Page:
A principal and an assistant principal who had been appointed to their positions in an “acting” capacity have been permanently appointed to those posts at the Johnson Park School and Princeton High School.
Angela Siso Stentz was named the permanent principal at the Johnson Park and Cecilia X. Birges was appointed to permanent assistant principal at Princeton High.
The appointments were made at the Princeton Public Schools Board of Education’s Feb. 23 meeting, and were to take effect Feb. 24.
Stentz replaced former Johnson Park School Principal Robert Ginsberg, who was named to become the school district’s interim assistant superintendent for curriculum and instruction. Stentz was appointed to fill in as the acting principal in June 2020.
Stentz was earning – and will continue to earn – $156,000 annually, plus $4,800 in longevity pay.
Stentz has worked for the Princeton school district for more than 20 years. She started her career in the district as a special education teacher. For nearly 10 years, she was the K-12 director of guidance, and then became an assistant principal at Princeton High School.
At the time of her appointment as acting principal, then-Superintendent of Schools Steve Cochrane said Stentz identifies as Hispanic and a person of color. He said she understands Spanish, and would bring to the principal’s post the qualities and heart of a great elementary school principal.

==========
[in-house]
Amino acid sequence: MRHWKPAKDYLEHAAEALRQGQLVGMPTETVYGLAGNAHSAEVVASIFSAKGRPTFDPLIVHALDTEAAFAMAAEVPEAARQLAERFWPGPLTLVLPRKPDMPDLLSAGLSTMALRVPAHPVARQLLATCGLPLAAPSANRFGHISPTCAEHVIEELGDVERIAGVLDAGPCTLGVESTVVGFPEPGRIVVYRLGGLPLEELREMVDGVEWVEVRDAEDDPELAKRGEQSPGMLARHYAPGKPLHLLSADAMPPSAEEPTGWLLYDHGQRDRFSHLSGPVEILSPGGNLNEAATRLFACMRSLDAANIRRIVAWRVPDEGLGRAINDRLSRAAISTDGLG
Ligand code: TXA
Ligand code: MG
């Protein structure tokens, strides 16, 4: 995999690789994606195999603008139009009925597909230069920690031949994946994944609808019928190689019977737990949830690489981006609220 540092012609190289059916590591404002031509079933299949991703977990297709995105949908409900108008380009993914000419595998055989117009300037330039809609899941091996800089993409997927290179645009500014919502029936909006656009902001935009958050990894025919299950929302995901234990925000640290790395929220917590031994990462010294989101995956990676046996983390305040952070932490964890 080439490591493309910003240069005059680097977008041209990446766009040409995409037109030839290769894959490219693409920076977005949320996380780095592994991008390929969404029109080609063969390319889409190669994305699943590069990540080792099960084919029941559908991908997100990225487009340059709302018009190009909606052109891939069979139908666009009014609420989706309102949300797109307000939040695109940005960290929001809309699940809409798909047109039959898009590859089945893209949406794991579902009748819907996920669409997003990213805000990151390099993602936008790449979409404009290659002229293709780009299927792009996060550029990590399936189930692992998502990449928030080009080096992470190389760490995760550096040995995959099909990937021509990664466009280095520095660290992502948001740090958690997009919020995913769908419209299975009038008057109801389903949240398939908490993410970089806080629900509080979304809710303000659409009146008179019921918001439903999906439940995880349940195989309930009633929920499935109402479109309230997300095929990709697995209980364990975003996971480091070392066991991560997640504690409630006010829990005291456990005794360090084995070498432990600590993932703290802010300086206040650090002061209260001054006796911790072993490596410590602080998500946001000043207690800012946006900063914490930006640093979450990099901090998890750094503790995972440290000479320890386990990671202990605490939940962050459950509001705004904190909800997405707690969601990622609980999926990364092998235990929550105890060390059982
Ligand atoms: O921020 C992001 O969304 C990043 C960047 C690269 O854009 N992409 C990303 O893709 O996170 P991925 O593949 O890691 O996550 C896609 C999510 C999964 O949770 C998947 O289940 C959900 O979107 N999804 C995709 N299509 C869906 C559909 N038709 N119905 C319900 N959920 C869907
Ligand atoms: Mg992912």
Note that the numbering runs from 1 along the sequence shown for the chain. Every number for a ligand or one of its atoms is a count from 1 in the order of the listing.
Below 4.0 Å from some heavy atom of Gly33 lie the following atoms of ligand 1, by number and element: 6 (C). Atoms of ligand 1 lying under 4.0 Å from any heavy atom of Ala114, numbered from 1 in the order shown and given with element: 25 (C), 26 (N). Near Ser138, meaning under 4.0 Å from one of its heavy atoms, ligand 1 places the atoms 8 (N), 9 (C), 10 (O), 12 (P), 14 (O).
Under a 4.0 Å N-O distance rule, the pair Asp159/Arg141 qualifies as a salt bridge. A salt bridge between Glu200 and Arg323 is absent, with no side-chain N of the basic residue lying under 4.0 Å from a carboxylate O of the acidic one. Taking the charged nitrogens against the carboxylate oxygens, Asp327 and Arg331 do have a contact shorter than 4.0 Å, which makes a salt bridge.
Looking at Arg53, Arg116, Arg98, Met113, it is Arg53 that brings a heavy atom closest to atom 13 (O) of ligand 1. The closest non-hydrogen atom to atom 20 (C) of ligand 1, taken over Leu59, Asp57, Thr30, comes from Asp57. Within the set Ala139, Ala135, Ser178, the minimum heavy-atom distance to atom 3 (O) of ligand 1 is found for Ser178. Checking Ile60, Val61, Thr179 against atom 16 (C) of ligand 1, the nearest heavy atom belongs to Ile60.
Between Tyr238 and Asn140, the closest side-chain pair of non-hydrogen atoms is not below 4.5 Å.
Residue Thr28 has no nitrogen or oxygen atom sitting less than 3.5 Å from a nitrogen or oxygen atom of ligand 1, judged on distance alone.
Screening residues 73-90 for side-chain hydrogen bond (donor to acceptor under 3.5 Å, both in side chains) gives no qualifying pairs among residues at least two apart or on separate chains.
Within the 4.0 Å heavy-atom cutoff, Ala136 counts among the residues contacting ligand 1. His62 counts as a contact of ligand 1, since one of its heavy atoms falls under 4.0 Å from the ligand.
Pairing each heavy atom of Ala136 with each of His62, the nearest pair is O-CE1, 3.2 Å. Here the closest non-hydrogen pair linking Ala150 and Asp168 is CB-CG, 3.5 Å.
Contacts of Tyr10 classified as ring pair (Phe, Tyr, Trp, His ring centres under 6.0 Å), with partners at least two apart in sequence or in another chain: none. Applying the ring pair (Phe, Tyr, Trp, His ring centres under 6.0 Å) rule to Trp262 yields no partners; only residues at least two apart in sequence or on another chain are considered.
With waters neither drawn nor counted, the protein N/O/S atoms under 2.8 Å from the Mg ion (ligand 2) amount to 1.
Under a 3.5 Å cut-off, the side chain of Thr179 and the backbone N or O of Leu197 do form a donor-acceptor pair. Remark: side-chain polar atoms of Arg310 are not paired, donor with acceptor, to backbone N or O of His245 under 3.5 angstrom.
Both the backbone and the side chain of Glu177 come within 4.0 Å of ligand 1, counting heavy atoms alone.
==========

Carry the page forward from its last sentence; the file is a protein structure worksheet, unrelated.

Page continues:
Birge was appointed to become an acting assistant principal at Princeton High School at the school board’s July 2020 meeting, replacing Stentz upon her promotion to acting principal at the grades K-5 Johnson Park School.
Birge is one of three assistant principals at Princeton High School. Since her appointment as acting assistant principal, she was earning – and will continue to earn – $114,000 annually.
Birge taught math and special education at Princeton High School. She taught at the high school in 2012, but left to teach at the Dwight Morrow School in Englewood. She returned to Princeton High School in 2015.
In addition to teaching math and special education, Birge had been the head coach for the high school’s speech and debate team. She also had been the assistant coach for the high school’s girls volleyball team, and also coached its junior varsity volleyball team.
Birge, who is Chinese American, had been the community’s liaison with the district’s Chinese American community. She worked with the high school guidance counselors and the school district administration to bridge cultural gaps and promote a continuing dialogue on race relations.